Mountain Buggy Duet 2015 - An Honest Review

Jan 26, 2015

A few months ago I was looking to buy a double stroller (see my stroller dilemma post). After much agonizing, I finally settled on something, but before reviewing the stroller I bought, I'd like to review some of the strollers that I test-drove but did not end up buying.

My first choice for a double stroller was the Mountain Buggy Duet 2015 or Duet 2.5. What originally attracted me to the Duet, was it's narrow frame, only 24.5" inches wide! It is the narrowest side by side twin stroller on the market. The stroller is equipped with all terrain wheels, which was one of my "must haves" for a double stroller. I was hoping that the combination of a narrow frame and pneumatic tires will make it easier for me to maneuver the stroller and navigate store isles with it. Since I'm only 5"2, I prefer smaller strollers in general, that way I don't feel like I'm pushing a truck. I hunted down the 2015 version of the Mountain Buggy Duet in a not-so-local baby store and made a trip to see and test drive it.

So here are my impressions:


When I first saw the stroller, it looked very cute and petite, or as petite as an all terrain double can possibly look. I pushed the stroller around and it maneuvered beautifully. In addition to the pneumatic tires, the stroller is equipped with rear suspension, providing a virtually bump-free ride.

The Handle

One of the things that I immediately noticed, which bothered me personally, was the texture of the handle, which is covered in horizontal rubber ridges. Mountain Buggy calls it a "comfort grip", but I found the ridges to be somewhat sharp and unpleasant to grip. I figured that if I ended up buying the stroller, I would cover the handle in soft grips, sold on Amazon. The handlebar is adjustable from 31 to 42" inches, making it very convenient for any member of the family to push the stroller. 

The Canopies

The canopies are rated UPF 50+ and provide a good coverage, being quite large with an extra pop-out sun visor. There's a mesh peek-a-boo window on top of the canopies, but unfortunately, there's no ventilation opening in the back of the canopy, like on the Baby Jogger GT.


The seats are pretty shallow and narrow. The narrowness was to be expected on a 24.5" wide twin stroller, but the shallowness of the seat was disappointing. The fabrics on the Duet seemed high quality, unlike the bullet-proof squeaky nylon of the Baby Jogger. The 2015 version has reversible seat liners, which can also be easily removed and washed. The Duet is available in three colors, black with grey, black with red and all black. Not particularly exciting, but still more choices over the last year's model.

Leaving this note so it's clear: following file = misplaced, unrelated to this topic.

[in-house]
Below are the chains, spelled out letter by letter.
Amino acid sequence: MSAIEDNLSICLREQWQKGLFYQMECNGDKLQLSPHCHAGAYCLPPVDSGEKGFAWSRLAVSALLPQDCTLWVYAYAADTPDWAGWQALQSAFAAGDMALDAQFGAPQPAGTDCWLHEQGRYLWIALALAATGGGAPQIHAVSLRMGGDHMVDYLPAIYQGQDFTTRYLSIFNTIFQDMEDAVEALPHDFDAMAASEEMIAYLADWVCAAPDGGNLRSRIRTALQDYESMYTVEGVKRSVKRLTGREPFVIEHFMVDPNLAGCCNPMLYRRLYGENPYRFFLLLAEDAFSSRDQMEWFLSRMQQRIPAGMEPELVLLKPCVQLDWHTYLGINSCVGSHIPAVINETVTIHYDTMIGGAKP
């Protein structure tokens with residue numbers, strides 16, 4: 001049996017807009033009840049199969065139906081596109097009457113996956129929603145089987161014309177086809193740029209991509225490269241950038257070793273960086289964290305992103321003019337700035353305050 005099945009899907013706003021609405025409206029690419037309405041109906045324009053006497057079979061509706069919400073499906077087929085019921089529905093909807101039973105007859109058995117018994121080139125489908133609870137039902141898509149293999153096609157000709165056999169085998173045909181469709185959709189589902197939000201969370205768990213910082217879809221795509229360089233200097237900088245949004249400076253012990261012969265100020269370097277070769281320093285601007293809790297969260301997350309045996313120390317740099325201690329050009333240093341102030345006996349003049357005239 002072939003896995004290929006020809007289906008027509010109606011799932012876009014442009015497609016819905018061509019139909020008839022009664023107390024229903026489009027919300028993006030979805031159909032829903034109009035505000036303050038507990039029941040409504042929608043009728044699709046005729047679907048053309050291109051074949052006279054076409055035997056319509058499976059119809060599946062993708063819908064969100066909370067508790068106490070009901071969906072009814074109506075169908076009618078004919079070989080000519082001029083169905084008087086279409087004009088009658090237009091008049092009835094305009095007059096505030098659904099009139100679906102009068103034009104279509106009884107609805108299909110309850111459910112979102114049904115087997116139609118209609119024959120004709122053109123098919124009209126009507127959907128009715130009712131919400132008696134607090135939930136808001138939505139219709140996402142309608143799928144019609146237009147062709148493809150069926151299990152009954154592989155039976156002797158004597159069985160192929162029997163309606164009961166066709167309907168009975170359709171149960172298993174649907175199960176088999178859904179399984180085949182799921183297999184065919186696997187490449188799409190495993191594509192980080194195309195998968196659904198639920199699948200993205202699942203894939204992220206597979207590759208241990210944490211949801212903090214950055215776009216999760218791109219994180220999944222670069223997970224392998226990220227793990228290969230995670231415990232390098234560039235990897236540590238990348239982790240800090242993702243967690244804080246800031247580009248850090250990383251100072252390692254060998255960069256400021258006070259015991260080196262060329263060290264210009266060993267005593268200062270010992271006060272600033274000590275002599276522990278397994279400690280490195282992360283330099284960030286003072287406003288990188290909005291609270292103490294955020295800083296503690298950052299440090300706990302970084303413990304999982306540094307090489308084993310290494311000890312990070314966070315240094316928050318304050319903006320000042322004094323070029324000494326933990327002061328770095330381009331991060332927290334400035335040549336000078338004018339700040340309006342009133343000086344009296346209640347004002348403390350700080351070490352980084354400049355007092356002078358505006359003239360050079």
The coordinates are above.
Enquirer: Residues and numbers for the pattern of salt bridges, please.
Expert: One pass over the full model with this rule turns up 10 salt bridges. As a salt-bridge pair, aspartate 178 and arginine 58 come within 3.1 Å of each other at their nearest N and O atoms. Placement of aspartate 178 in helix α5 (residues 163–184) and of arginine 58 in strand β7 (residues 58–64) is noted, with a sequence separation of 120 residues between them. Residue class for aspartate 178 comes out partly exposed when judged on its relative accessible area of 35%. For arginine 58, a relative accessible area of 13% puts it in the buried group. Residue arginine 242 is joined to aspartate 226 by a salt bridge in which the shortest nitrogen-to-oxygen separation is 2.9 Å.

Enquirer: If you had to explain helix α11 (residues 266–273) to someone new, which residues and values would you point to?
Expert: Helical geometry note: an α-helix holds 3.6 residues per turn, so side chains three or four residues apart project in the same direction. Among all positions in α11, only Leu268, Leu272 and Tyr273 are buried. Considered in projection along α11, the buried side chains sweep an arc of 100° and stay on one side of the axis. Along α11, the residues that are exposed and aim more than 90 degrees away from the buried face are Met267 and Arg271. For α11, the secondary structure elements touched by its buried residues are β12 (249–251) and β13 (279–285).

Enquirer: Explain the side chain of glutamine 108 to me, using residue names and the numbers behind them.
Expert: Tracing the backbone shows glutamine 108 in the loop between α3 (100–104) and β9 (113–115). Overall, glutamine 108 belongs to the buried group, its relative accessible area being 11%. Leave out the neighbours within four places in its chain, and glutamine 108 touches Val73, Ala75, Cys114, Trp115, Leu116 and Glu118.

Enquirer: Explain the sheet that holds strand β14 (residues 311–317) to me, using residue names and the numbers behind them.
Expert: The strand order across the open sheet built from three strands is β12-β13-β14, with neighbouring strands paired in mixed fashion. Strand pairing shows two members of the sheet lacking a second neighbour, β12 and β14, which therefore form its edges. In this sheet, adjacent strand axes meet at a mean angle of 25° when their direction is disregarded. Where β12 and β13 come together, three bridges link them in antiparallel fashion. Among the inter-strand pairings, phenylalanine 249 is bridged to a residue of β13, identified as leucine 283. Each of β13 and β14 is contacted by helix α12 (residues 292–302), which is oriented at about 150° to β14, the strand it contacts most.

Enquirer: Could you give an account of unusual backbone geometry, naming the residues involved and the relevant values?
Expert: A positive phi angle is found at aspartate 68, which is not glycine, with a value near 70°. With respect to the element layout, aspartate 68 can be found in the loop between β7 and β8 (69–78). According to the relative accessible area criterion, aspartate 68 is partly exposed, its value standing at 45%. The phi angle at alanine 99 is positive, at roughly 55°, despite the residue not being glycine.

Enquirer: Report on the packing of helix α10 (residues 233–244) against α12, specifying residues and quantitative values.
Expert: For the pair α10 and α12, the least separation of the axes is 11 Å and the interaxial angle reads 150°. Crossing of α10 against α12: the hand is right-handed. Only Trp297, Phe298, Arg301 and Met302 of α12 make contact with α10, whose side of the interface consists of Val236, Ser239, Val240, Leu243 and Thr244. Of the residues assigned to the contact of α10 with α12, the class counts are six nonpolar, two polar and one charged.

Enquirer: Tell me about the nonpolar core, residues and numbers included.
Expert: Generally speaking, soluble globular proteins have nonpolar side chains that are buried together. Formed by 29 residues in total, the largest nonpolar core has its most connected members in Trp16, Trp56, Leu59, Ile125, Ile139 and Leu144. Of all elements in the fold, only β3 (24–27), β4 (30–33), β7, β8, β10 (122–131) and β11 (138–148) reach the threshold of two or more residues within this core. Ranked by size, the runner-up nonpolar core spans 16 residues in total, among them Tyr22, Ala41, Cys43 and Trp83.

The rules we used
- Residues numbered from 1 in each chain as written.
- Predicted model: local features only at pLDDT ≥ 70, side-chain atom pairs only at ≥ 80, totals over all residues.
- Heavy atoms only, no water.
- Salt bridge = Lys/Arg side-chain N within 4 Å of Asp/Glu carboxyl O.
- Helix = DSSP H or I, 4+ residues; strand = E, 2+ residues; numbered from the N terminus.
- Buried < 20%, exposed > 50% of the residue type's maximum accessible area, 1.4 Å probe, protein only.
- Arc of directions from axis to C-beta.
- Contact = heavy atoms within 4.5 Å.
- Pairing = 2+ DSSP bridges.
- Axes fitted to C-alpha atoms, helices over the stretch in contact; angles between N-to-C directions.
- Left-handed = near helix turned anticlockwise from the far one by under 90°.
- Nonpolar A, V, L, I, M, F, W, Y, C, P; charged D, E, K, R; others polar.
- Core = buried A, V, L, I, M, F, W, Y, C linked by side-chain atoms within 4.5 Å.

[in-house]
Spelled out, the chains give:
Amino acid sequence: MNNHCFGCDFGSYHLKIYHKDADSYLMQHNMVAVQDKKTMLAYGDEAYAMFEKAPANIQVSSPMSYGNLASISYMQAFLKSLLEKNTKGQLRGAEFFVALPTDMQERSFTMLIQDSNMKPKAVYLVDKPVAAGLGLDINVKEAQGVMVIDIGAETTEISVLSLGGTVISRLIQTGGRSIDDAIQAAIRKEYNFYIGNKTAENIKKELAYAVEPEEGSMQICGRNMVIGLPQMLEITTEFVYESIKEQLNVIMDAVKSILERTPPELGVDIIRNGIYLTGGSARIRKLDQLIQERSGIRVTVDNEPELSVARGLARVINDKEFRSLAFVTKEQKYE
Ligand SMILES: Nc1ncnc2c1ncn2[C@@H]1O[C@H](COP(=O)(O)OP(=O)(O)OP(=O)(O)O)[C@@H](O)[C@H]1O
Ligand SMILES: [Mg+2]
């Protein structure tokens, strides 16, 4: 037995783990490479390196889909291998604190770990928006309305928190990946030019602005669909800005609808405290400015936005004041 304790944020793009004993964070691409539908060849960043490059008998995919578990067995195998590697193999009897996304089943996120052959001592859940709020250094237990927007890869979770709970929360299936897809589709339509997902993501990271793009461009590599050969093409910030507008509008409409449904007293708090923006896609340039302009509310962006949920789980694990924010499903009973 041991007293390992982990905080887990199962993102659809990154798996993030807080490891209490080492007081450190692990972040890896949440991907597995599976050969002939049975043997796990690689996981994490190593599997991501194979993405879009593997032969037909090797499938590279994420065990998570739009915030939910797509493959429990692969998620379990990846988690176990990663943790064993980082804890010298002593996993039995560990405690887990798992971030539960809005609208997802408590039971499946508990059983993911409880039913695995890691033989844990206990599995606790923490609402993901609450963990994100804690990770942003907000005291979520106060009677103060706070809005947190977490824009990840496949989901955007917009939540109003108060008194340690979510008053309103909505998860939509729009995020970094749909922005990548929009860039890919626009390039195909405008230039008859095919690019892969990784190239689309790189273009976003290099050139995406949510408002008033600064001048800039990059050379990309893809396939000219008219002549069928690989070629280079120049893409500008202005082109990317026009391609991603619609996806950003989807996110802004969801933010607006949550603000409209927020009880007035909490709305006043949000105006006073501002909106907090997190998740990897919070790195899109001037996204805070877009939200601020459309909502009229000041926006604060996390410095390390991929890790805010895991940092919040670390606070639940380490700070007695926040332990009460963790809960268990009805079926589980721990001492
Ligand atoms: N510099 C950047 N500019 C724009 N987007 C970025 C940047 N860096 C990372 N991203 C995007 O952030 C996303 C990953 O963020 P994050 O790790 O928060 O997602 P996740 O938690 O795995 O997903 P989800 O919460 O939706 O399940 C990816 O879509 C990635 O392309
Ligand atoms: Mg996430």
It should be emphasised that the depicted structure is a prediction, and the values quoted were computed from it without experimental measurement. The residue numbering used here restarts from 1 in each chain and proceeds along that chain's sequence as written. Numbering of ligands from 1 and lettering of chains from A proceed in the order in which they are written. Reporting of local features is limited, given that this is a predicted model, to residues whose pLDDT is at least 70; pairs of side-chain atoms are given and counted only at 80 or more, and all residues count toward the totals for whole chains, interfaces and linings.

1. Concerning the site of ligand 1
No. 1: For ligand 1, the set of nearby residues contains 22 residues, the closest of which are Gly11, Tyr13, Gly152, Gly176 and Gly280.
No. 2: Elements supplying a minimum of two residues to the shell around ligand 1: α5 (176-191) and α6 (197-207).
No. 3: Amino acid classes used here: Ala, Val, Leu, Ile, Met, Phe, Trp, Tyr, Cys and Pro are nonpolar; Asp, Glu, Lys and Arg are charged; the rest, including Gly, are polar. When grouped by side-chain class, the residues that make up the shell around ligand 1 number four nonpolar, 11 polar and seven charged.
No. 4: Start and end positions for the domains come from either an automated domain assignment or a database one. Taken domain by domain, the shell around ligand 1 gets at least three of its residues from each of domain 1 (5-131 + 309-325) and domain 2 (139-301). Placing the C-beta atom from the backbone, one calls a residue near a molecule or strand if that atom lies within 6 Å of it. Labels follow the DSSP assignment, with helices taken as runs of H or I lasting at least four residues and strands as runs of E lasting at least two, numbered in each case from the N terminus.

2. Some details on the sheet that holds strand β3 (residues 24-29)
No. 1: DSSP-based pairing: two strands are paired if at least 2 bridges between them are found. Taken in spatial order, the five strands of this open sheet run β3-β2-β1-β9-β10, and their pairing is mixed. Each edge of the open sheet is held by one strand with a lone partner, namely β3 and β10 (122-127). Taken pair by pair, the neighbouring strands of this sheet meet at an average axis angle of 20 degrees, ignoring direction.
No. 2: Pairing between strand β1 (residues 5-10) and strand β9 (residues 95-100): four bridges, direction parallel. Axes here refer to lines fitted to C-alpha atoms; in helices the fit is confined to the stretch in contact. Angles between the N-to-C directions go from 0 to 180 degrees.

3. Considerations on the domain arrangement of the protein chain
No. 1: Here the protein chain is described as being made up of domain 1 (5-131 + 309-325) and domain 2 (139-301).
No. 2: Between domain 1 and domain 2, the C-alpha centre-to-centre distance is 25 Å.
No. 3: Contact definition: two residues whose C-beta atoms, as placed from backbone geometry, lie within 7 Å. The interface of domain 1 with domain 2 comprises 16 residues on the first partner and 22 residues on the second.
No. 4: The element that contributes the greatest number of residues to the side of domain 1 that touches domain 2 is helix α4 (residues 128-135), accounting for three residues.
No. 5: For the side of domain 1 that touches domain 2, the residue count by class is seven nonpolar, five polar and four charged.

The Fold

The 2015 Duet has a redesigned "one hand" fold. There's a button between the seats, which you're supposed to press in order to fold the stroller. I tried it with one hand and for the life of me could not execute folding of the stroller. My husband tried next and had to give it a few good tugs before he succeeded. As far as double strollers go, the fold mechanism was not as effortless as on Baby Joggers, but definitely easier than on Bumbleride Indie Twin. The stroller was pretty bulky when folded. I would not call it a compact fold by any stretch of the imagination. 


The optional infant carrycot is one of the nicest features of the new Duet. It has been completely redesigned for 2015 and is now called Carrycot Plus. The base of the carrycot is made of mesh fabric which provides optimal ventilation inside the carrycot. Over the mesh base, there's a removable, washable winter lining which is Oeko-Tex certified cotton-poly blend. The carrycot can be used in three modes: lie flat, slightly inclined, or converted to a rear-facing child seat. The seat doesn't adjust, but is fixed in a semi-reclined position. I feel like with the Carrycot Plus, you get much more for the same price as other stroller brands charge for a less advanced carrycot.  The stroller can also take two car seats.